Mondaq also reserves the right from time to time to monitor your Use of the Website and/or services.

Disclaimer

The Content is general information only. It is not intended to constitute legal advice or seek to be the complete and comprehensive statement of the law, nor is it intended to address your specific requirements or provide advice on which reliance should be placed. Mondaq and/or its Contributors and other suppliers make no representations about the suitability of the information contained in the Content for any purpose. All Content provided "as is" without warranty of any kind. Mondaq and/or its Contributors and other suppliers hereby exclude and disclaim all representations, warranties or guarantees with regard to the Content, including all implied warranties and conditions of merchantability, fitness for a particular purpose, title and non-infringement. To the maximum extent permitted by law, Mondaq expressly excludes all representations, warranties, obligations, and liabilities arising out of or in connection with all Content. In no event shall Mondaq and/or its respective suppliers be liable for any special, indirect or consequential damages or any damages whatsoever resulting from loss of use, data or profits, whether in an action of contract, negligence or other tortious action, arising out of or in connection with the use of the Content or performance of Mondaq’s Services.

General

Mondaq may alter or amend these Terms by amending them on the Website. By continuing to Use the Services and/or the Website after such amendment, you will be deemed to have accepted any amendment to these Terms.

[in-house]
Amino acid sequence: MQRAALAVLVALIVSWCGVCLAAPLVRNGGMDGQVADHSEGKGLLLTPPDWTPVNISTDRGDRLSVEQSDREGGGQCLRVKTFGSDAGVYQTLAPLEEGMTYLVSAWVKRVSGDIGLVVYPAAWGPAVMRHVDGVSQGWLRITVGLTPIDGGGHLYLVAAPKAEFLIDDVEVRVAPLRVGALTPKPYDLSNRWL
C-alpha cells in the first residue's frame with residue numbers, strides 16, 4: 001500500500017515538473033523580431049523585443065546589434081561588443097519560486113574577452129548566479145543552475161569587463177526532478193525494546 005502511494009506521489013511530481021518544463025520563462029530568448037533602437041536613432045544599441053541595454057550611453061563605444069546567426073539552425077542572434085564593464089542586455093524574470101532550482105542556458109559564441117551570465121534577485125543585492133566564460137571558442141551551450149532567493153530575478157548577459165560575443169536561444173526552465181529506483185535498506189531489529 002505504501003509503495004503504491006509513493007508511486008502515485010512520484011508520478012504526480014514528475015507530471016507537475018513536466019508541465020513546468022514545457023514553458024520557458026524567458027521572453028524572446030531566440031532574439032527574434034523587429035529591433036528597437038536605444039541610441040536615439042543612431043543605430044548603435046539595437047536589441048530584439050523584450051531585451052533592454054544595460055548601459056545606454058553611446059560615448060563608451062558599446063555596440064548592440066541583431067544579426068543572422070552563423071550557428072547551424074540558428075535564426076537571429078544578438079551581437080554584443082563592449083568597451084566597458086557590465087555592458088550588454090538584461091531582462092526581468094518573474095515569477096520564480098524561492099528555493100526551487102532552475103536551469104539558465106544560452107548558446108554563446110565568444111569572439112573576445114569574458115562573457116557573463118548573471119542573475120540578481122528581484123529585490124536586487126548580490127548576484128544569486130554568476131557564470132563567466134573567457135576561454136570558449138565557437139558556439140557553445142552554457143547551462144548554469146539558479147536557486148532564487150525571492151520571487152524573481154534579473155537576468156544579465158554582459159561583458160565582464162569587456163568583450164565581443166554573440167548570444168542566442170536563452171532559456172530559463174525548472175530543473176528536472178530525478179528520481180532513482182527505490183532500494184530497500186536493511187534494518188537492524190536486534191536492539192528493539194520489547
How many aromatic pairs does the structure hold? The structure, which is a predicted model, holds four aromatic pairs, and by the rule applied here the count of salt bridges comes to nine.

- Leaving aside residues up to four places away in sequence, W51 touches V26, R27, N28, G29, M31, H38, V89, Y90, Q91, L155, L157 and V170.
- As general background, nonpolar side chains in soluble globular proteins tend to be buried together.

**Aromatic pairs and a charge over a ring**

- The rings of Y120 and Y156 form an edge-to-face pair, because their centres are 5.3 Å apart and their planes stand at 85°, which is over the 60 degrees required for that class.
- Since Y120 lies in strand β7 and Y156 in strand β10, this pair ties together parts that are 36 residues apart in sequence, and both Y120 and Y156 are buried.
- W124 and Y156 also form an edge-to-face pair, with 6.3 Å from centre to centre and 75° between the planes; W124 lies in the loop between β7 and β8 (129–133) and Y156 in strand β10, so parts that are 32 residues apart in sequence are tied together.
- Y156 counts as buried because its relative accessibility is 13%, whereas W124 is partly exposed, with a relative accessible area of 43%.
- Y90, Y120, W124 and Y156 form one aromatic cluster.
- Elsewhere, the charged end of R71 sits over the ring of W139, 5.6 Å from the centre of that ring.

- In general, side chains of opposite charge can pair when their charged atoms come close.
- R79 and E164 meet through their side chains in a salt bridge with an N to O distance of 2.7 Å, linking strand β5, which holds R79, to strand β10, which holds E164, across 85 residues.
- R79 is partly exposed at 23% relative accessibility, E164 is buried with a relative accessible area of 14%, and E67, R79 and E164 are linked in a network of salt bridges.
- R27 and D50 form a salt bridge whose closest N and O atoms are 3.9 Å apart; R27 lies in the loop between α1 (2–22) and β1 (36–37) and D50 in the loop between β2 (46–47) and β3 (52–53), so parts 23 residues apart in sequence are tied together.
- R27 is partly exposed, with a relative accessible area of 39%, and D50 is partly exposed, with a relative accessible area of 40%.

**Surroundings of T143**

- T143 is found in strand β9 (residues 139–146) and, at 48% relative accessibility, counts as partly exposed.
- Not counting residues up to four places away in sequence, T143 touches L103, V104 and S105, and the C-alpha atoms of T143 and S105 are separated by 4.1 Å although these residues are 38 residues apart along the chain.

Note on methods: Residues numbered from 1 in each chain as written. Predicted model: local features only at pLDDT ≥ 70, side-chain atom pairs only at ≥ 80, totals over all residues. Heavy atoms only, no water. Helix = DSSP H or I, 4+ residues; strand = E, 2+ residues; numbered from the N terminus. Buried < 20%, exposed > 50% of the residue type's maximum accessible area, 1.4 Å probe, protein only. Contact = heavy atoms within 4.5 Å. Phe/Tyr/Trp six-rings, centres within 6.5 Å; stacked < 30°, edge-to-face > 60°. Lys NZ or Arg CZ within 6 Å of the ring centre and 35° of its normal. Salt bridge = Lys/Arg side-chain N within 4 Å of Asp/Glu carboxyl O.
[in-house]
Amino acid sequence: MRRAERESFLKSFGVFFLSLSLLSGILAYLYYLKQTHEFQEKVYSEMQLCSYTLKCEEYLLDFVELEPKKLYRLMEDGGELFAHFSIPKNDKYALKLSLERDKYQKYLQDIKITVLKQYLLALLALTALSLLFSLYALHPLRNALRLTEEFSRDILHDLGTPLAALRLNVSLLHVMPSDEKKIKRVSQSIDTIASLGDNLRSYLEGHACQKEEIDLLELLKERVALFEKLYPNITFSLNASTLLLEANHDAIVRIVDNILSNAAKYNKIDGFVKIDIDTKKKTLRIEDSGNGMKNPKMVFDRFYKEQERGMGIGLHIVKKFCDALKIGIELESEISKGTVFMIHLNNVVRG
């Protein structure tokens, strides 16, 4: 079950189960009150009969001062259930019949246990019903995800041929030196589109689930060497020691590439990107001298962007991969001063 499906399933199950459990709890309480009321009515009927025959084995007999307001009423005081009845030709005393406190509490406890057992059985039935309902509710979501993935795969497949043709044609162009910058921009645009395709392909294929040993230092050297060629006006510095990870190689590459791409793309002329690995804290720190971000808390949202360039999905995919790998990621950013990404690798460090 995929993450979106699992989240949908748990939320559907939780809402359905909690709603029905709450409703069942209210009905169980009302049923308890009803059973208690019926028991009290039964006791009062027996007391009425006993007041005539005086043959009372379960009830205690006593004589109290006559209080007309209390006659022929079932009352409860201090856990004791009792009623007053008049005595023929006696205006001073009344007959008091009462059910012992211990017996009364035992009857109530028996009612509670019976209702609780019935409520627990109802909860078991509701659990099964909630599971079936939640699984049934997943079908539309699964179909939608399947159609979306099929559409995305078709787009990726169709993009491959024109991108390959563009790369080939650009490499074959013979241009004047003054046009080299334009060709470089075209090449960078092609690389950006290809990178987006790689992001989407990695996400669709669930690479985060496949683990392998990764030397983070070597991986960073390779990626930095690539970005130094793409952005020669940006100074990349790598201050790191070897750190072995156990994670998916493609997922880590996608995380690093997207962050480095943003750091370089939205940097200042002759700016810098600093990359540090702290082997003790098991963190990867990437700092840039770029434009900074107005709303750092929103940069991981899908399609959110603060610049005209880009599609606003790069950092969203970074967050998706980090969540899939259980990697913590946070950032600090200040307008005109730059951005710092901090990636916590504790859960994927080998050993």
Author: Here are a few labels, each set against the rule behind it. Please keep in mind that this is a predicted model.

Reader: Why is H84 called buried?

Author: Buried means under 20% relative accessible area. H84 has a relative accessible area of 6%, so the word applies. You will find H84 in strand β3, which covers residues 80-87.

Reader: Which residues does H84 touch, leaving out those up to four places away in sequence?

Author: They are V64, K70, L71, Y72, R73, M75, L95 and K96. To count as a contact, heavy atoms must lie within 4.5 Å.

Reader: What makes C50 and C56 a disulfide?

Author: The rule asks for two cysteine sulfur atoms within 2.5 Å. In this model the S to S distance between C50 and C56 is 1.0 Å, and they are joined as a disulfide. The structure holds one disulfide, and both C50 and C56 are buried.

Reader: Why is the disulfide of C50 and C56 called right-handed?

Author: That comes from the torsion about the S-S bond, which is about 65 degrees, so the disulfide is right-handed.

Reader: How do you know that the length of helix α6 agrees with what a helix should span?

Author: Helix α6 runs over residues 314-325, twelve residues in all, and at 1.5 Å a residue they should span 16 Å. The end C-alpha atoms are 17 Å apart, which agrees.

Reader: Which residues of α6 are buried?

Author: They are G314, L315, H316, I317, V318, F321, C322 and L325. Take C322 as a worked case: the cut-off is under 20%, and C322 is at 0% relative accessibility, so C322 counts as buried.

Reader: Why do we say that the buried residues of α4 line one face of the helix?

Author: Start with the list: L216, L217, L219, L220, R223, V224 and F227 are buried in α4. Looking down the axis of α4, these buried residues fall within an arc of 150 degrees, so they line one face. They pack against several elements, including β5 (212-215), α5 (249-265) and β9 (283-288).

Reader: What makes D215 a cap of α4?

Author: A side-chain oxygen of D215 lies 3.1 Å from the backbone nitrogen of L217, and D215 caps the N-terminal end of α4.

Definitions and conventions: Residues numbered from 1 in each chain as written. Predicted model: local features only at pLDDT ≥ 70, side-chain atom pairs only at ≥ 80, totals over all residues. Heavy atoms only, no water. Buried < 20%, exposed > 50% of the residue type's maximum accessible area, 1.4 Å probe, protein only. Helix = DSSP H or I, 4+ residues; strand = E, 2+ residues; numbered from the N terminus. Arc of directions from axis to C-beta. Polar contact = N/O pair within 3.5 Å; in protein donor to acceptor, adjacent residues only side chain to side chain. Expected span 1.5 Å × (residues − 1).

These Terms shall be governed by and construed in accordance with the laws of England and Wales and you irrevocably submit to the exclusive jurisdiction of the courts of England and Wales to settle any dispute which may arise out of or in connection with these Terms. If you live outside the United Kingdom, English law shall apply only to the extent that English law shall not deprive you of any legal protection accorded in accordance with the law of the place where you are habitually resident ("Local Law"). In the event English law deprives you of any legal protection which is accorded to you under Local Law, then these terms shall be governed by Local Law and any dispute or claim arising out of or in connection with these Terms shall be subject to the non-exclusive jurisdiction of the courts where you are habitually resident.